Punching From The Shadows

In labeling Punching from the Shadows a memoir, Glen Sharp might be selling short his autobiographical work. More than a memoir, Sharp presents in his book a thorough and engrossing examination of his relationship with boxing. This he does via a detailed blow-by-blow account of the contest between a clearly rational mind–his own–and boxing, a discipline which, as Norman Mailer once put it, mocks the effort of the understanding to approach it.

As a trained economist, Sharp molded his mind into a calculating one, and as such is surely aware of the potential problems of drawing conclusions from an inappropriately small sample size. However, the pointed insights that make up the bulk of Punching from the Shadows not only excuse this shortcoming, but actually make a strong case for Sharp’s conclusions. If his final record of one win against two defeats — accrued over a matter of months in 1982–seems paltry, Sharp’s recounting of his short foray into prizefighting is vivid, fun, and piercing, making the most of his ring experience, which, while limited, shaped the rest of his life in a deep and undeniable way.

Perhaps more important is the fact that Sharp comes across as entirely genuine in his desire to discover what made him pursue boxing in the first place, and to understand how much of his failure as a prizefighter was due to his own choices, how much to his limitations, and how much to just plain bad luck. His clear-headed assessment leaves no room for self-pity, but what makes it a worthwhile read is that it’s delivered in the form of an apologia for boxing not only as sport, but as an aesthetic pursuit as valid as any of the arts. “Boxing is not pure violence,” writes Sharp, “[but] the dramatic, at times even elegant, artistic rendering of violence.”

If the unexamined life is not worth living, surely such examination is only as valid as the degree to which it is pursued with humility and honesty. Sharp is acutely aware that nothing but the truth will do if he is to arrive at a satisfying explanation for his relationship with prizefighting. “I hope… you find me to be a pretty good storyteller, because I sure wasn’t much of a fighter,” he writes in the preface, in a phrase that first strikes one as little more than a self-deprecating jab, but which in hindsight is a perfect representation of his book: truthful, unambiguous, self-querying. Moreover, it evidences Sharp’s belief that we can only know who we are by honestly telling our own story: not one that pleases or comforts us, but one that satisfies our craving for understanding.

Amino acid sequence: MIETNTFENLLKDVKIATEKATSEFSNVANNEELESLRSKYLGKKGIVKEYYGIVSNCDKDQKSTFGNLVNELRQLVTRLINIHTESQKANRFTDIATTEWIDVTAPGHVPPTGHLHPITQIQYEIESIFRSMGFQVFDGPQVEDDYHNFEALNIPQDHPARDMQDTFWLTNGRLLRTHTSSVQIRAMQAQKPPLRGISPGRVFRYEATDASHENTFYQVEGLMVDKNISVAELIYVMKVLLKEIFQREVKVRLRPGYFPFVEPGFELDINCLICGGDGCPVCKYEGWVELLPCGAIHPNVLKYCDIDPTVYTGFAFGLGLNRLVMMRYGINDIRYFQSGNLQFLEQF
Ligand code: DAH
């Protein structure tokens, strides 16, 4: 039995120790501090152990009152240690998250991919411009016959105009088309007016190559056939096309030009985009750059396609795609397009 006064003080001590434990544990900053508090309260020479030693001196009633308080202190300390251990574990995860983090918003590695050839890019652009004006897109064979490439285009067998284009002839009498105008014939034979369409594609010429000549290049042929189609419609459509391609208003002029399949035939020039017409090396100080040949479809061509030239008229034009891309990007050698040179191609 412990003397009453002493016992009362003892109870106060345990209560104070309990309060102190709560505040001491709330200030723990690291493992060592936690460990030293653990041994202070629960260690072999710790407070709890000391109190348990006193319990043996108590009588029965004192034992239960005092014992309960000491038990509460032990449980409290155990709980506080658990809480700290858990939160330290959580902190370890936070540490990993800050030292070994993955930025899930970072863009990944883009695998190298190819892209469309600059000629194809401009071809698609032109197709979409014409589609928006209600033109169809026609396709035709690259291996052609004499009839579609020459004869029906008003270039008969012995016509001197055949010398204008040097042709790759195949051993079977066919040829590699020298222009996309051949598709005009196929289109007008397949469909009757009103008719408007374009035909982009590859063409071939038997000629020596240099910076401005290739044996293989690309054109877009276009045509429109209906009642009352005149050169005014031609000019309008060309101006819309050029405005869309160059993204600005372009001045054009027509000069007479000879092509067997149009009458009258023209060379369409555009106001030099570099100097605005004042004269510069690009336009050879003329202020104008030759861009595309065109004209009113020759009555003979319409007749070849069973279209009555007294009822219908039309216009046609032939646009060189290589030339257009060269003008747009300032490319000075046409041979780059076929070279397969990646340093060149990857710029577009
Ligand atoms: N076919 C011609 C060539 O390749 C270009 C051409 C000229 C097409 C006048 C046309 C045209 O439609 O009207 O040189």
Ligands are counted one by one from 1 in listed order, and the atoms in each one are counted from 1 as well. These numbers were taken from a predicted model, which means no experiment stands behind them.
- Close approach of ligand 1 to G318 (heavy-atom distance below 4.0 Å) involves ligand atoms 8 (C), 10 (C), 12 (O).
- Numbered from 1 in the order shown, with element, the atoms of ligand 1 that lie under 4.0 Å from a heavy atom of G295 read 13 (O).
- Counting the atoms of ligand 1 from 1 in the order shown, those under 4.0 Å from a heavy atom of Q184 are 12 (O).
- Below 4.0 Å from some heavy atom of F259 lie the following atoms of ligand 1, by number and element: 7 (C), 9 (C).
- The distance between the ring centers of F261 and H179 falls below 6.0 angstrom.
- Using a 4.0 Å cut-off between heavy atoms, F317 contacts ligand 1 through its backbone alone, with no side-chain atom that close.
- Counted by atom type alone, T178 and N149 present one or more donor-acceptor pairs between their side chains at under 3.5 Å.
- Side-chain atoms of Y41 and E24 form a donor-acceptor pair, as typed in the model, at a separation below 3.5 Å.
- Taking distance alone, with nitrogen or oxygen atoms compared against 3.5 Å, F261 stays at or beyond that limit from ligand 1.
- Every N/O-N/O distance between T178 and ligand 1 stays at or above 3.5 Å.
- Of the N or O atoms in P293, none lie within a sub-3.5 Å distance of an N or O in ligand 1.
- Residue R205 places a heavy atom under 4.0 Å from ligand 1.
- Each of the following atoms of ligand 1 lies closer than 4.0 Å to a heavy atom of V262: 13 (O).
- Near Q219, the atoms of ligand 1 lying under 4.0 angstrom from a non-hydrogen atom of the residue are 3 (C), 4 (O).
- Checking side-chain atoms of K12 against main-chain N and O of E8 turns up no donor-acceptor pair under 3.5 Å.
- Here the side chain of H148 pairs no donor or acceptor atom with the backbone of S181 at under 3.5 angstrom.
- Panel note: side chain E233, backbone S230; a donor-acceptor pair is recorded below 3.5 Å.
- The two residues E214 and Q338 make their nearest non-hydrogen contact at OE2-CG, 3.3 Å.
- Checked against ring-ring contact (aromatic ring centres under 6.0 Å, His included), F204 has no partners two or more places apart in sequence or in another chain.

Punching From The Shadows
Author Glen Sharp.

Sharp’s relationship with prizefighting began after a hurried amateur career that saw him turn pro to avoid having to get a “real job.” To his great surprise, things went pretty well in the beginning: “I didn’t deserve what was happening. I had not taken boxing as seriously as I should have as an amateur, and just a month or so after I had decided to apply myself, I was going to be trained by a former world champion and have a manager to operate the business end of my career.”

When the pieces fall into place so easily, success seems predetermined, almost unavoidable. However, as Sharp would soon discover, there are no shortcuts to cover the gap separating a novice from a world-class talent. In this regard his apprenticeship began in earnest when he started sparring with Yaqui Lopez, one of the best light heavyweights to never win a world title. Of his first sparring session, Sharp writes: “I had never seen so many right hands in all my life. If I threw a jab, Yaqui would throw a right hand over it. If I tried to hook, he threw a right hand inside of it. If I threw a right hand myself, he would block it or slip it and counter with a right hand of his own. I ate so many right hands that first day I didn’t need dinner when I got home at night.”

Yaqui Lopez (right) battling Matthew Saad Muhammad in 1980.

The experience showed Sharp his exact spot in the pecking order, but if anything, meeting Yaqui cemented his desire to fight. Getting to know Yaqui outside the ring also showed him precisely what it takes to become a decent boxer, never mind a world title challenger: “Yaqui appreciated boxing for the act itself. I had always loved boxing despite how much work was required, but Yaqui loved boxing because of the work.”